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    Most of the time I shoot the F100 with the meter on "spot". Look through the VF and spot a midtone area and press AE lock. Using custom settings, I set the exposure lock to stick, meaning you only press and release the AE lock and exposure would remain locked, then recompose and fire. Works all the time and it gives consistent results. I have never been able to get consistent results with the matrix metering, mainly because the matrix metering relies on thousands of lighting "situations" programmed into it and you have no clue what the meter is going to pick for your specific scene. With spot metering you know exactly what's going on and you expose accordingly.
     
  9. jochen

    jochen Member

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    Hello,
    exactly that ist the true problem. Nobody can tell you which "thousands of light situations" are the base of the matrix measurement. And nobody can say whether these light situations have been evaluated for color negative-, B%W- or colour slide film.
     
  10. mablo

    mablo Member

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    I noticed the matrix metering problem with F100 and b&w films several years ago. I tried to raise the issue but people wouldn't notice or told me to fiddle with ISO values. This is nonsense if you know how matrix works. My theory is the matrix exposure scenes were adjusted for shooting chromes. Remember, everyone was shooting chromes when F100 came out. It all makes sort of sense if you think of how to expose for the chromes versus exposing for b&w. You will get underexposed shots for b&w in situations where contrast is wide (bright sky, dark woods for example). The only good cure is to use weighted average for exposure. I've never had exposure problems since I switched to weighted average.
     
    Last edited by a moderator: Feb 4, 2013
  11. dpurdy

    dpurdy Member

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    The F100 is the only in camera meter I will use. For everything else I use a spot meter.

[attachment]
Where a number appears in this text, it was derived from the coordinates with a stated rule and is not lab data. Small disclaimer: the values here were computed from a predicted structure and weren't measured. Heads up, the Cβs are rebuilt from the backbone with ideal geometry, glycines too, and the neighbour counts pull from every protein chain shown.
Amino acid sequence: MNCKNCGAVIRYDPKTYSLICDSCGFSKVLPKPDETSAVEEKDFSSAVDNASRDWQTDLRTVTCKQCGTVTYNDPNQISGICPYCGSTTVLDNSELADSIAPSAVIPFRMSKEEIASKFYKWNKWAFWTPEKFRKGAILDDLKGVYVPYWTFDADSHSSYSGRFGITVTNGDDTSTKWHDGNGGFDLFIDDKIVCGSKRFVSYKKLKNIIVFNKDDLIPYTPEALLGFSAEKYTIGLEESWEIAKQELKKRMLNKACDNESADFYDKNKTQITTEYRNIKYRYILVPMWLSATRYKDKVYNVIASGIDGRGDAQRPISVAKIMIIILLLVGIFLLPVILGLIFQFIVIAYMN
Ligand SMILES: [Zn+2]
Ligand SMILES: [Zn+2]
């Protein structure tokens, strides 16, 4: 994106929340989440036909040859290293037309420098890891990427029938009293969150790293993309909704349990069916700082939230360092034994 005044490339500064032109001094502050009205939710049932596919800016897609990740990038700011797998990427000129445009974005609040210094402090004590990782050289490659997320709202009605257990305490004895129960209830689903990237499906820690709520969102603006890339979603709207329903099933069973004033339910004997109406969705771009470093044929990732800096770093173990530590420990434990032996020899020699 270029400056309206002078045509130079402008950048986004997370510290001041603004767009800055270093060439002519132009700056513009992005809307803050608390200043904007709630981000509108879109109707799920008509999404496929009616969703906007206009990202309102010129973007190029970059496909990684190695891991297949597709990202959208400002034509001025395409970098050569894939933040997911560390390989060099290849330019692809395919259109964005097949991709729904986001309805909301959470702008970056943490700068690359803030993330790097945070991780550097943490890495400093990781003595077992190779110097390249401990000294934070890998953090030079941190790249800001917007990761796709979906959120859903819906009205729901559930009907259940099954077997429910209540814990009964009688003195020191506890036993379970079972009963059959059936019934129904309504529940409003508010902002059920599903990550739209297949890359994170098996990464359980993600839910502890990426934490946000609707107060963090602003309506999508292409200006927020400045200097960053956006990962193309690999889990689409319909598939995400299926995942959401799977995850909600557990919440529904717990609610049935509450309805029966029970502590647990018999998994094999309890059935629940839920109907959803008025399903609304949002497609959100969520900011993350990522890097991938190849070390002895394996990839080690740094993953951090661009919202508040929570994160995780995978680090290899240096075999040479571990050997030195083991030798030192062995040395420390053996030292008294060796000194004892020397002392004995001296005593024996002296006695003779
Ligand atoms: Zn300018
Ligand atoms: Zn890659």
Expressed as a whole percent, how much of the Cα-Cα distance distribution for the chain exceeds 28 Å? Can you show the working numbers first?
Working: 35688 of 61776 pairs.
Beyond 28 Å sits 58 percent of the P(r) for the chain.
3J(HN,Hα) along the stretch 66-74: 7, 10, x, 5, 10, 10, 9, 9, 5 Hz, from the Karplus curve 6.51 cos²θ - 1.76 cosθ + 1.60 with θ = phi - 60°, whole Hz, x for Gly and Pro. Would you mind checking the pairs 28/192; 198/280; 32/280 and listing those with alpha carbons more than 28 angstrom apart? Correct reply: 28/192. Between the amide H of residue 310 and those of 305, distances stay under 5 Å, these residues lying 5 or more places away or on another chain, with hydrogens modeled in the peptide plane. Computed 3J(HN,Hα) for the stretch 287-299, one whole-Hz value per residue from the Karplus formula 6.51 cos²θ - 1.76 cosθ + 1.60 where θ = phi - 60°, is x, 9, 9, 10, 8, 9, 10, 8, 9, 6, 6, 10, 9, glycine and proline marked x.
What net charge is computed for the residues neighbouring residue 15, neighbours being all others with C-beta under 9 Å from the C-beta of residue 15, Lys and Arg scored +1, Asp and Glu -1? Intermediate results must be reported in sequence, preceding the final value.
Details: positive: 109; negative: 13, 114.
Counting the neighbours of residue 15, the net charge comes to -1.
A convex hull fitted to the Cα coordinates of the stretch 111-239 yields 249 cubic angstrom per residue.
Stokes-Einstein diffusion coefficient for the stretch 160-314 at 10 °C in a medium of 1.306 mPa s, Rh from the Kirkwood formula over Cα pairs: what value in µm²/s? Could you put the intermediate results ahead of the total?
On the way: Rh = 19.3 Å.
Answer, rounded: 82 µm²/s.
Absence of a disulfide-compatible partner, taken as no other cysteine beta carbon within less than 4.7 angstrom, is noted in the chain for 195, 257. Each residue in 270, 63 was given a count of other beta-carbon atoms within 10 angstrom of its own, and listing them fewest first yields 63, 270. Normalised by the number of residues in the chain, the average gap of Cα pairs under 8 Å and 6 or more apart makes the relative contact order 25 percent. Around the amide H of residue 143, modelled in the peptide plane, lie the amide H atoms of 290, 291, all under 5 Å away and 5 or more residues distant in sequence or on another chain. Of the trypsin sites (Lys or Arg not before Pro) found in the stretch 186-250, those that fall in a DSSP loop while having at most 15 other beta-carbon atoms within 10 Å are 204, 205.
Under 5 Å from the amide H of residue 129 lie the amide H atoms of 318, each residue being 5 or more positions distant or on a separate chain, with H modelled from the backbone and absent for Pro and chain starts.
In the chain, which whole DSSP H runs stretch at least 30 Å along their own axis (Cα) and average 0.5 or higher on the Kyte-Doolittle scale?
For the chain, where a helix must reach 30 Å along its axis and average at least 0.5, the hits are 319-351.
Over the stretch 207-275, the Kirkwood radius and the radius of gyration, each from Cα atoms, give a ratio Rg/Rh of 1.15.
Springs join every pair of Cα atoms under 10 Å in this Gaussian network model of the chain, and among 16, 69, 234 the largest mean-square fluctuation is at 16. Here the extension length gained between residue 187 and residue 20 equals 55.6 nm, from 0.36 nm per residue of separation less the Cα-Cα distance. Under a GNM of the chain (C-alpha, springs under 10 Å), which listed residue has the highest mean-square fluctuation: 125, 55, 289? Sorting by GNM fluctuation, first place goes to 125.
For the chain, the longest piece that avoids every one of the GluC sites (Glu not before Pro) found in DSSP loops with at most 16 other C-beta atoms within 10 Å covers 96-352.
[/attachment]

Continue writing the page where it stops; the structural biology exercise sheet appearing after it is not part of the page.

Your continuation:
There is however a learning curve with using a meter.
    You have to learn to think like a meter...
     
  12. Chan Tran

    Chan Tran Member

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    How would you think like a Nikon matrix meter?
     
  13. Chan Tran

    Chan Tran Member

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    I don't have an F100 but I do have an F5. I do a lot of test with the F5 matrix metering and sending it back to Nikon for calibration twice. My take on the Nikon matrix is this.
    With flat lighting and a low contrast scene, it's fine and read the same as center weighted.
    With high contrast lighting it bias toward the highlight. It seemed that it try to determine the highlight that is important (fairly large, at the focus point etc..) and try to keep that high light from burning out and that's about 2 stops above middle gray or so.

    With that it works great with slide film and also with digital. But I shoot mostly color negative film and B&W film is about the same so the matrix meter would be underexposing in such a situation. Biasing the exposure by putting a + compensation or changing the ISO wouldn't work because in a flat scene it would over expose.
     
  14. pentaxuser

    pentaxuser Subscriber

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    Can I ask what is the evidence for the matrix metering of the F5 and F100 being designed for chromes? I'd have thought that when both these cameras came out, chrome sales were already declining and most users were shooting B&W and colour neg.

    What Chan Tran has said seems to render the very extensive matrix memory of the F100 and the F5 almost useless or certainly seriously defective for users of B&W and colour neg as exposure compensation will not rectify the situation.


    pentaxuser
     
  15. Chan Tran

    Chan Tran Member

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    There is nothing from Nikon as to the matrix metering system is designed for. So that I had to send my camera back to Nikon for calibration because I thought it was bad calibration. But twice it came back the same. My film test showed the results. No publication details how the matrix is supposed to work and thus my question how to think like one. I know that it gave me many underexposure for color negative film (and I assume it would be similar for B&W). It's to the point that after 2 years of trying I don't use it any more. Film test on slides gave excellent results sometimes to my surprise because I wouldn't think of exposing it that way if I were to use a spot meter. Only when I got the slides back they looked good but not to my intention. Using the F5 matrix meter to determine exposure for my coolpix also gave good results.